You Don't Know Everything. Isn't That Awesome?
Last week, I was standing in a Mardi Gras museum in New Orleans, and I had an epiphany. It's the kind of epiphany I've had before, but this one really affected me--so much so, that I spent a good hour or two that day thinking about it.
The epiphany that came to me suddenly, and surprisingly was simply this: I don't know anything about Mardi Gras culture... I know very little about the history of New Orleans... I don't really know that much at all...
Now you might argue with me at this point by saying something like, "Why Leon, you do know a lot of things---I mean, you're always writing about stuff, right? So that's a silly thing to say."
I don't know if that's exactly what you would say, but I imagine that you would say it, so therefore it's close enough.
Seriously, though... It hit me like a ton of bricks--the fact that I don't really know that much at all. I was mostly struck by the wonder of it, and with the wonder a delicious kind of feeling that I have missed more than I realized.
But I was also chastened a bit. I thought about all of the time I waste watching TV or Youtube videos. I thought about how many times I should have been reading, watching good documentaries, learning, growing...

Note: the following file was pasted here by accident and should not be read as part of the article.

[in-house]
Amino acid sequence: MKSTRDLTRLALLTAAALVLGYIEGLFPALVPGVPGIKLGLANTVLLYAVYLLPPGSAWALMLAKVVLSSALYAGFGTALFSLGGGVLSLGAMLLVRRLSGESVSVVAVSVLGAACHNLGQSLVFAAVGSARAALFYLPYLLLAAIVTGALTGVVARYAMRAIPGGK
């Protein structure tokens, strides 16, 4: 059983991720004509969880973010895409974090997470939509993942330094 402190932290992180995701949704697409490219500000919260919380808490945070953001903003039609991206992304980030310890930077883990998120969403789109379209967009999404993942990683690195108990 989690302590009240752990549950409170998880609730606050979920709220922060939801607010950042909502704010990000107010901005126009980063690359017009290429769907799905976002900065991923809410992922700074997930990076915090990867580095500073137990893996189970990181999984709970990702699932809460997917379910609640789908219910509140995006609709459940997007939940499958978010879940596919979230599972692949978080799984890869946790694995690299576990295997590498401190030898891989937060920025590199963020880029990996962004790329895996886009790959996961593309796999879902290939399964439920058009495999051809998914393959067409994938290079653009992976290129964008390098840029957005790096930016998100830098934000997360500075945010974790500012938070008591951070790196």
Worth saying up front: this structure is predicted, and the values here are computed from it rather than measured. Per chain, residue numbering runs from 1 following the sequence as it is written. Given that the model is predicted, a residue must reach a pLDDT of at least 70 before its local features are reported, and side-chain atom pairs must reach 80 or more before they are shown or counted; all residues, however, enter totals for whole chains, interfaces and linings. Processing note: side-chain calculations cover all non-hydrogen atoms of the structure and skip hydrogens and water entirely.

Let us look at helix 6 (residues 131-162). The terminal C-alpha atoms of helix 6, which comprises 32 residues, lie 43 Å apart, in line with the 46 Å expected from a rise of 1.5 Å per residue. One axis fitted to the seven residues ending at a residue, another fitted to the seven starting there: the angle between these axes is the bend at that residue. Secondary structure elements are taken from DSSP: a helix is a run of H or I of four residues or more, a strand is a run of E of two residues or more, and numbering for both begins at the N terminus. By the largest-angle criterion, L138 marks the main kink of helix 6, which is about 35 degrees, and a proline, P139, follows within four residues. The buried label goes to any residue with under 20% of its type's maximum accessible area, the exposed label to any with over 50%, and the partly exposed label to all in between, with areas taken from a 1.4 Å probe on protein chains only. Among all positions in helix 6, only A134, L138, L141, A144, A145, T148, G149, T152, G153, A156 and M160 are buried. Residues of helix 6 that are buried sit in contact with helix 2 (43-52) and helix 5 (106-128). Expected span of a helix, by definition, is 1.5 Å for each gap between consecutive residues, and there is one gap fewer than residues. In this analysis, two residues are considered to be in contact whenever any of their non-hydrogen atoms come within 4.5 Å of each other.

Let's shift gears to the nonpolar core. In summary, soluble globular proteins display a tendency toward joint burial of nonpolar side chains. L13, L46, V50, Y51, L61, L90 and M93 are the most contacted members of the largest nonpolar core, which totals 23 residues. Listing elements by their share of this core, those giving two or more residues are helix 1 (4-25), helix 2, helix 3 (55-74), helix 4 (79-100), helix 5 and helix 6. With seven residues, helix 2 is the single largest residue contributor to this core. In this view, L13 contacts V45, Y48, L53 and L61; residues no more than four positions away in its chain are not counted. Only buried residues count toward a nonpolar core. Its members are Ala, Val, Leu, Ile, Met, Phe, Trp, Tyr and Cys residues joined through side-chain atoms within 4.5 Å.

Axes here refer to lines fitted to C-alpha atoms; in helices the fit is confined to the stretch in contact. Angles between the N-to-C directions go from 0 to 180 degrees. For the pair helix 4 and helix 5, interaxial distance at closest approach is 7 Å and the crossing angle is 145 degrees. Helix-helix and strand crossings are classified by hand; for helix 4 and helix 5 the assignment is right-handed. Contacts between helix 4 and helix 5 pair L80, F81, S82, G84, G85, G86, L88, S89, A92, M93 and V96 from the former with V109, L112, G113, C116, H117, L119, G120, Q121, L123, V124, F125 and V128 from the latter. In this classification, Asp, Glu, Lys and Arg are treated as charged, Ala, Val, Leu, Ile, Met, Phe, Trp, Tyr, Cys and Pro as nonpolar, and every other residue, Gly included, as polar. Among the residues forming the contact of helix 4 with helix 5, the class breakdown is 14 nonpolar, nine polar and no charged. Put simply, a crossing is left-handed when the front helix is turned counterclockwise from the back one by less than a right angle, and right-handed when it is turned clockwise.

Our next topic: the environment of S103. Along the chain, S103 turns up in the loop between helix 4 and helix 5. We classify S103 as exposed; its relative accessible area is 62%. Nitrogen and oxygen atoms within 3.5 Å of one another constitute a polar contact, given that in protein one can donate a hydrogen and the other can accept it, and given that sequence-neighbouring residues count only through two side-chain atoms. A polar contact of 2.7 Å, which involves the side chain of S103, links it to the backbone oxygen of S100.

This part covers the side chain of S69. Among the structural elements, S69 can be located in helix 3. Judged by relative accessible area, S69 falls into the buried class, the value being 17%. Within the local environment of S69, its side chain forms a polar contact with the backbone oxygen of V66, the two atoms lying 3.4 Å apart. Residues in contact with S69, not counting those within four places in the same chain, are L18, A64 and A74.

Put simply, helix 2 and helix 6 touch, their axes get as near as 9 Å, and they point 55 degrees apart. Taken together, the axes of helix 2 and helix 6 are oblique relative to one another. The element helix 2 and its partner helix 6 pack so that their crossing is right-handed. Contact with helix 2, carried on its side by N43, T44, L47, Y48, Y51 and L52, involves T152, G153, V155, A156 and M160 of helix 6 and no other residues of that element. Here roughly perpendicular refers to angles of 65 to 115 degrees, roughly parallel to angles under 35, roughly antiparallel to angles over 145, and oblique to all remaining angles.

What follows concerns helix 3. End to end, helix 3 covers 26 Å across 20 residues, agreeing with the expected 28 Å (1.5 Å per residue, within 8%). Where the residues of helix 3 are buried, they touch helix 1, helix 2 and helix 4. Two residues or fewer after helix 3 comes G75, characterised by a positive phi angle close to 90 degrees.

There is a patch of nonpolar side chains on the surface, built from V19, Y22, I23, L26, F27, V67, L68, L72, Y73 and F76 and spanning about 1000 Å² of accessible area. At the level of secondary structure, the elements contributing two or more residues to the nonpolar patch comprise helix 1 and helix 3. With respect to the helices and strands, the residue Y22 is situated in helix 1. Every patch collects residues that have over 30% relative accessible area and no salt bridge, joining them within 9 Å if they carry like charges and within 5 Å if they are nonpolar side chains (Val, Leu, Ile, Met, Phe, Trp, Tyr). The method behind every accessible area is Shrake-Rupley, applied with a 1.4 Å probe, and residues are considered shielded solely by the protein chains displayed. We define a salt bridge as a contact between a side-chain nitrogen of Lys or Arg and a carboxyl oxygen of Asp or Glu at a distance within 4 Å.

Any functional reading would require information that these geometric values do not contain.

I sat down on a bench in the museum opposite a huge display of Mardi Gras costumes full of bright colors, incredible beadwork, and a whole lot of feathers.
As I stared at the costumes, I found myself lost in thought. This is what came to me at that moment, almost like a voice in my head:
There's no way you can learn it all... no way. And that's amazing. It's beautiful that you don't know. It's in the not-knowing that you discover surrender. And if you can finally surrender, then you might actually come to understand what it is to truly know.
Philosopher Alan Watt once wrote:
We are, then, most fortunate to be living in a time when human knowledge has gone so far that it begins to be at a loss for words, not at the strange and marvelous alone, but at the most ordinary things. The dust on the shelves has become as much of a mystery as the remotest stars; we know enough of both to know that we know nothing.
I loved that so much when I read it. I didn't know it at the time, but as I sat there on that bench thinking about surrender and knowing, I was affirming what Watt said here.
There's so much wonder and glory in the ordinary things. There's a universe in the dust on my shelves.
And there are countless reminders all around us of the frail and courageous beauty that is within each of us if we are willing to lift our heads and see.
We don't have to know everything to trust, and trust is nothing less than embodied faith that moves us closer to God.
So rejoice that you don't know everything. In fact, revel in it. Because the more you realize you don't know, the closer you get to discovering who you really are.
May it be so for you today and every day and may the grace and peace of our Lord Jesus Christ be with you now and always. Amen.